Although Turkey is no longer as dramatically active in the North Caucasus as during the 1990s, when it backed Chechen aspirations for independence, Ankara is quietly expanding its use of soft power mechanisms there. As Russian analyst Andrey Areshov writes, these overtures toward the region—increasingly apparent in the wake of the Azerbaijani-Armenian war of 2020 and even more since the start of Russia’s so-called “special military operation” in Ukraine—encompass relationships with the numerous and active North Caucasian émigré groups in Turkey. Such links expand Turkish influence in the North Caucasus and undermine Russia’s control; but unfortunately, Areshov says, the Kremlin is distracted by other concerns and has failed to recognize what is going on. Because Russia’s government has not taken the necessary steps to counter what Turkey is doing, a branch of the “Turkic World” is now at risk of growing inside the current borders of the Russian Federation, the analyst contends (Fond Strategicheskoy Kultury, June 4).
Fears about Turkey’s new moves and its use of North Caucasian diasporas have been a regular focus of the Russian analytical community since the end of the 2020 Second Karabakh War. At that time, Russian commentators like Dmitry Rodionov asserted that what Turkey wants to do is create not just a union of Turkish states but a union of Turkic nations, including those whose populations are within Russia’s borders. “No one will say this aloud,” including Turkish President Recep Tayyip Erdoğan, the Moscow writer continued. But that is precisely what is going on, he insisted (Rhythm of Eurasia, January 11, 2021; see EDM, November 16, 2021). Others have made similar points (Kavkazsky Uzel, January 17, 2022).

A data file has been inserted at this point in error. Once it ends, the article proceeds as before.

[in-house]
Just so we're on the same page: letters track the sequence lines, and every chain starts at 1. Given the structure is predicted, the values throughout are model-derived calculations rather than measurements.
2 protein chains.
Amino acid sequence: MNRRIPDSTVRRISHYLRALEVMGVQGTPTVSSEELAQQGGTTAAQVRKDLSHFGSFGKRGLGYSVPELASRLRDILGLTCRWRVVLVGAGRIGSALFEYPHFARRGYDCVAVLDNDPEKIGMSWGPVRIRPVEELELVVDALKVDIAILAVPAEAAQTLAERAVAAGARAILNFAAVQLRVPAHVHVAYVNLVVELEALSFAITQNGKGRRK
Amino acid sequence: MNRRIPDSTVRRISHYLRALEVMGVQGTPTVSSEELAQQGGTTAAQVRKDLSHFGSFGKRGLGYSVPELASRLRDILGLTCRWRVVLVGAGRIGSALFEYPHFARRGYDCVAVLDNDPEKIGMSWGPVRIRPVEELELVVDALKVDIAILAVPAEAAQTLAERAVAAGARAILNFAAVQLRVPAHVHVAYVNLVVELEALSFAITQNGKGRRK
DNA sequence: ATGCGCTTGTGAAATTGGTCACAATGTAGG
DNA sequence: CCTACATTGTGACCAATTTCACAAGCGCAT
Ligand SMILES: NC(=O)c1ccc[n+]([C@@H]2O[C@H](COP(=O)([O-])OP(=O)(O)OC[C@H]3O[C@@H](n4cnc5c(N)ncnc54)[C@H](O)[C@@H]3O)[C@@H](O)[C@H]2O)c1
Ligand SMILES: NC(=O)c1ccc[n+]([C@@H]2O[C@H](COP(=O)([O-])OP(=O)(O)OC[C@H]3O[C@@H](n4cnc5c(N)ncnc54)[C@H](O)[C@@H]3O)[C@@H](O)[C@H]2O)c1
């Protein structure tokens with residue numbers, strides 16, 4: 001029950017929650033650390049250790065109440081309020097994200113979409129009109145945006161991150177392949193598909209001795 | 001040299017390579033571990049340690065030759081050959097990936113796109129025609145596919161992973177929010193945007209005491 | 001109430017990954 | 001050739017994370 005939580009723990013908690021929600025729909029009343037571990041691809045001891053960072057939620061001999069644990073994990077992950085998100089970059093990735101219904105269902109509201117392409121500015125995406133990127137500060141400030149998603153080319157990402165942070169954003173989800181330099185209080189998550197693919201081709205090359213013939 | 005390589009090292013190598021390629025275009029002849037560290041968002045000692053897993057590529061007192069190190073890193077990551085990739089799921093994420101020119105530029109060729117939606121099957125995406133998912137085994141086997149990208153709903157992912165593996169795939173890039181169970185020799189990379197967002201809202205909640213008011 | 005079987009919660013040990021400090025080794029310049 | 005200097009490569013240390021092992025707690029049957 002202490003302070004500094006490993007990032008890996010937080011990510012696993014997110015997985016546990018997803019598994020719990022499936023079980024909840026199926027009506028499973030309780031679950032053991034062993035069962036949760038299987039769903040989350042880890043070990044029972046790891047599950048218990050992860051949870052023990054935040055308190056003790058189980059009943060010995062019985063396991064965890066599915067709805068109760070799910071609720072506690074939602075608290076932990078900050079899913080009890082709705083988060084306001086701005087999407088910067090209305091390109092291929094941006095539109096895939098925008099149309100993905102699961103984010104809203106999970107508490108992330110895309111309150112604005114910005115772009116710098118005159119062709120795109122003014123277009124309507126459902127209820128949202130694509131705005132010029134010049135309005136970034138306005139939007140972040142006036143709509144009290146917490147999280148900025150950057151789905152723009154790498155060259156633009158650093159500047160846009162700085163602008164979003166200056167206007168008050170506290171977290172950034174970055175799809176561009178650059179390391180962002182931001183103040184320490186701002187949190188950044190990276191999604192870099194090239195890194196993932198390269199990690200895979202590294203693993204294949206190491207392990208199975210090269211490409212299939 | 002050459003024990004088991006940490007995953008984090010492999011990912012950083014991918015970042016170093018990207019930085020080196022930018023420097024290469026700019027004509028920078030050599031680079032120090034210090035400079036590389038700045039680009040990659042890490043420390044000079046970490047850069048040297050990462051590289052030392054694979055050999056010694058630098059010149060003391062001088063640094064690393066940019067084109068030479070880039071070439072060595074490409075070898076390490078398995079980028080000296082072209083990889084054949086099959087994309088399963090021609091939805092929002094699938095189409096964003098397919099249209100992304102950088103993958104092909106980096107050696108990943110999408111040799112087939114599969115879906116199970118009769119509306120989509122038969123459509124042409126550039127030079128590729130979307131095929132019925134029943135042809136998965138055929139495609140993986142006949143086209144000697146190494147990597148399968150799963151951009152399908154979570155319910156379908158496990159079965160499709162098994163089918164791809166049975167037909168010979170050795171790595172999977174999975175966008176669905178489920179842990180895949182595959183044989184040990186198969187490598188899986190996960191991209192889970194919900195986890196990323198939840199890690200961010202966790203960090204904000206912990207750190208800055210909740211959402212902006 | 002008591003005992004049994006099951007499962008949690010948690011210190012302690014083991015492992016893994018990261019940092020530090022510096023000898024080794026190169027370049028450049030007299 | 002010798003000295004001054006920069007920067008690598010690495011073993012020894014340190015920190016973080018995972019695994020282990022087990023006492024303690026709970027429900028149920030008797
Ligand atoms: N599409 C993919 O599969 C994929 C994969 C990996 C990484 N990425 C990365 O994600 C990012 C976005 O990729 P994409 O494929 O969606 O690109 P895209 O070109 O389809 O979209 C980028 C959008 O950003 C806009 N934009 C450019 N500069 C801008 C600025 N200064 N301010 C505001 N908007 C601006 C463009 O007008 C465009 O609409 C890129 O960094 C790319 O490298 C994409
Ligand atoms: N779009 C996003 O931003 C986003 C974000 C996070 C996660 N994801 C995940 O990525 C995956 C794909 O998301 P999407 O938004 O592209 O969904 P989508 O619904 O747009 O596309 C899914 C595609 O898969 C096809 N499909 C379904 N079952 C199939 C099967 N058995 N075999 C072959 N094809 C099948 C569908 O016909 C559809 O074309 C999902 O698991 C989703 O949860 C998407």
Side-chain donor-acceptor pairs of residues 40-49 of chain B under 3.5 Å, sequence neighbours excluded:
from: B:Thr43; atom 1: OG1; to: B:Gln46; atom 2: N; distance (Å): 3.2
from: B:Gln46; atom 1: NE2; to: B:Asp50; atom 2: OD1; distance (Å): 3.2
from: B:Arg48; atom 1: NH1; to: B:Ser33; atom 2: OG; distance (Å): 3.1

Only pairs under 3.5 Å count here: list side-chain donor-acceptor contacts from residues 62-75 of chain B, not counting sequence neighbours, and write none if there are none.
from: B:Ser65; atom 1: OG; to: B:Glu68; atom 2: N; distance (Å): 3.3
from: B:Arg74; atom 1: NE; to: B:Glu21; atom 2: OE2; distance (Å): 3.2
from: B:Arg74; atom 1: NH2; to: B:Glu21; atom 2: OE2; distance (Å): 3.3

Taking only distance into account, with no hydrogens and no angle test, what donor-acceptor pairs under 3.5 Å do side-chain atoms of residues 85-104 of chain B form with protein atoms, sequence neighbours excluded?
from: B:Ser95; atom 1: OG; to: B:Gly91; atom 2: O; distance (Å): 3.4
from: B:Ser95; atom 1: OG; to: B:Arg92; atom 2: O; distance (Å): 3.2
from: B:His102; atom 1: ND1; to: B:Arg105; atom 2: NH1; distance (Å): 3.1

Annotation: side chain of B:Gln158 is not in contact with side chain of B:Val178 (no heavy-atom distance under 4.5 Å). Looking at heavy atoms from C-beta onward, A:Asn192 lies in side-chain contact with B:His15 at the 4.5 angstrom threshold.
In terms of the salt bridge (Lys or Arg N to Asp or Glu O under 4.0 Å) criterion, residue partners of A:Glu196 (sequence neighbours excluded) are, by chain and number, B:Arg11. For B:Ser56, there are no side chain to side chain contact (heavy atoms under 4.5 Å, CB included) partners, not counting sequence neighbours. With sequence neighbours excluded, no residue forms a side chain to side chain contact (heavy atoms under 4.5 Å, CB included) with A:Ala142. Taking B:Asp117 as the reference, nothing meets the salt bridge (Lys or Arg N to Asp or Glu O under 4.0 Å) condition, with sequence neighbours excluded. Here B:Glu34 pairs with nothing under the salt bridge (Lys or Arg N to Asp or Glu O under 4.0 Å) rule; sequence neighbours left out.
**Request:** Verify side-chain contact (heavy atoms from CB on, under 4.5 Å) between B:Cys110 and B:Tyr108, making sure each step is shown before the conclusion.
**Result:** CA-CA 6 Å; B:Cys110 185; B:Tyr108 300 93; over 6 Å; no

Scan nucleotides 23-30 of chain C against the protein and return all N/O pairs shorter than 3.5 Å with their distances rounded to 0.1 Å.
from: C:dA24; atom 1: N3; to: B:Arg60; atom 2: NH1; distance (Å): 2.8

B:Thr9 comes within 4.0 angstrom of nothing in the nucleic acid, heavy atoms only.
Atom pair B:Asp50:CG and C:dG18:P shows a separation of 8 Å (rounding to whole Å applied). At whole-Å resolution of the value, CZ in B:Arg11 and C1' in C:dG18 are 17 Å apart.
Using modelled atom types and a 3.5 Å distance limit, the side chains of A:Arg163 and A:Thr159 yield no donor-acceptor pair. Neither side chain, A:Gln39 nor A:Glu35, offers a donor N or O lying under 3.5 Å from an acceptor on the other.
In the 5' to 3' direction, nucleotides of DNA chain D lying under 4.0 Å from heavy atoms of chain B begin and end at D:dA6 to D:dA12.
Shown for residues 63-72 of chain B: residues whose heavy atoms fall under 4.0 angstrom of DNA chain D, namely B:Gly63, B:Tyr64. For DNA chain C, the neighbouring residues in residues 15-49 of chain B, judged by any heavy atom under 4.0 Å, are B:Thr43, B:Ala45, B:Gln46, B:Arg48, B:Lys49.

But it is Areshov’s recent article that provides the most comprehensive survey of Turkey’s activities there now and why Moscow should but is not paying attention. In the 1990s, he notes, Turkey actively supported the Chechens and others seeking independence by providing them with training bases. Those are now for the most part closed, although some still exist (Nordic Monitor, December 13, 2021). Instead, they have been replaced by more symbolic Turkish actions, like attention paid to the deadly events of 1864, honoring Jokhar Dudayev (the first Chechen president) with toponyms in Turkey, as well as efforts to involve young people from the North Caucasus in Turkish educational projects (Star.com.tr, October 1, 2013; Vzglyad, December 23, 2021). Because more vigorous measures have declined, Moscow assumes it does not face a problem. But the soft power Turkey is using is working effectively (Fond Strategicheskoy Kultury, June 4).
The Turkish government is working hard to involve young people from the North Caucasus and their diasporas into its orbit in what Areshov describes as “a war in the shadows.” As evidence, the Russian analyst specifically points to the activities of Gulenist groups, which Ankara ostensibly opposes but sometimes makes use of, the work of Turkey’s directorate for religion and its Agency for Cooperation and Coordination (TIKA), and, especially, projects carried out by the TUGWA youth group, which is closely tied to Erdoğan (T.me/playing_in_the_shadows, November 11, 2021; Fond Strategicheskoy Kultury, June 4, 2022).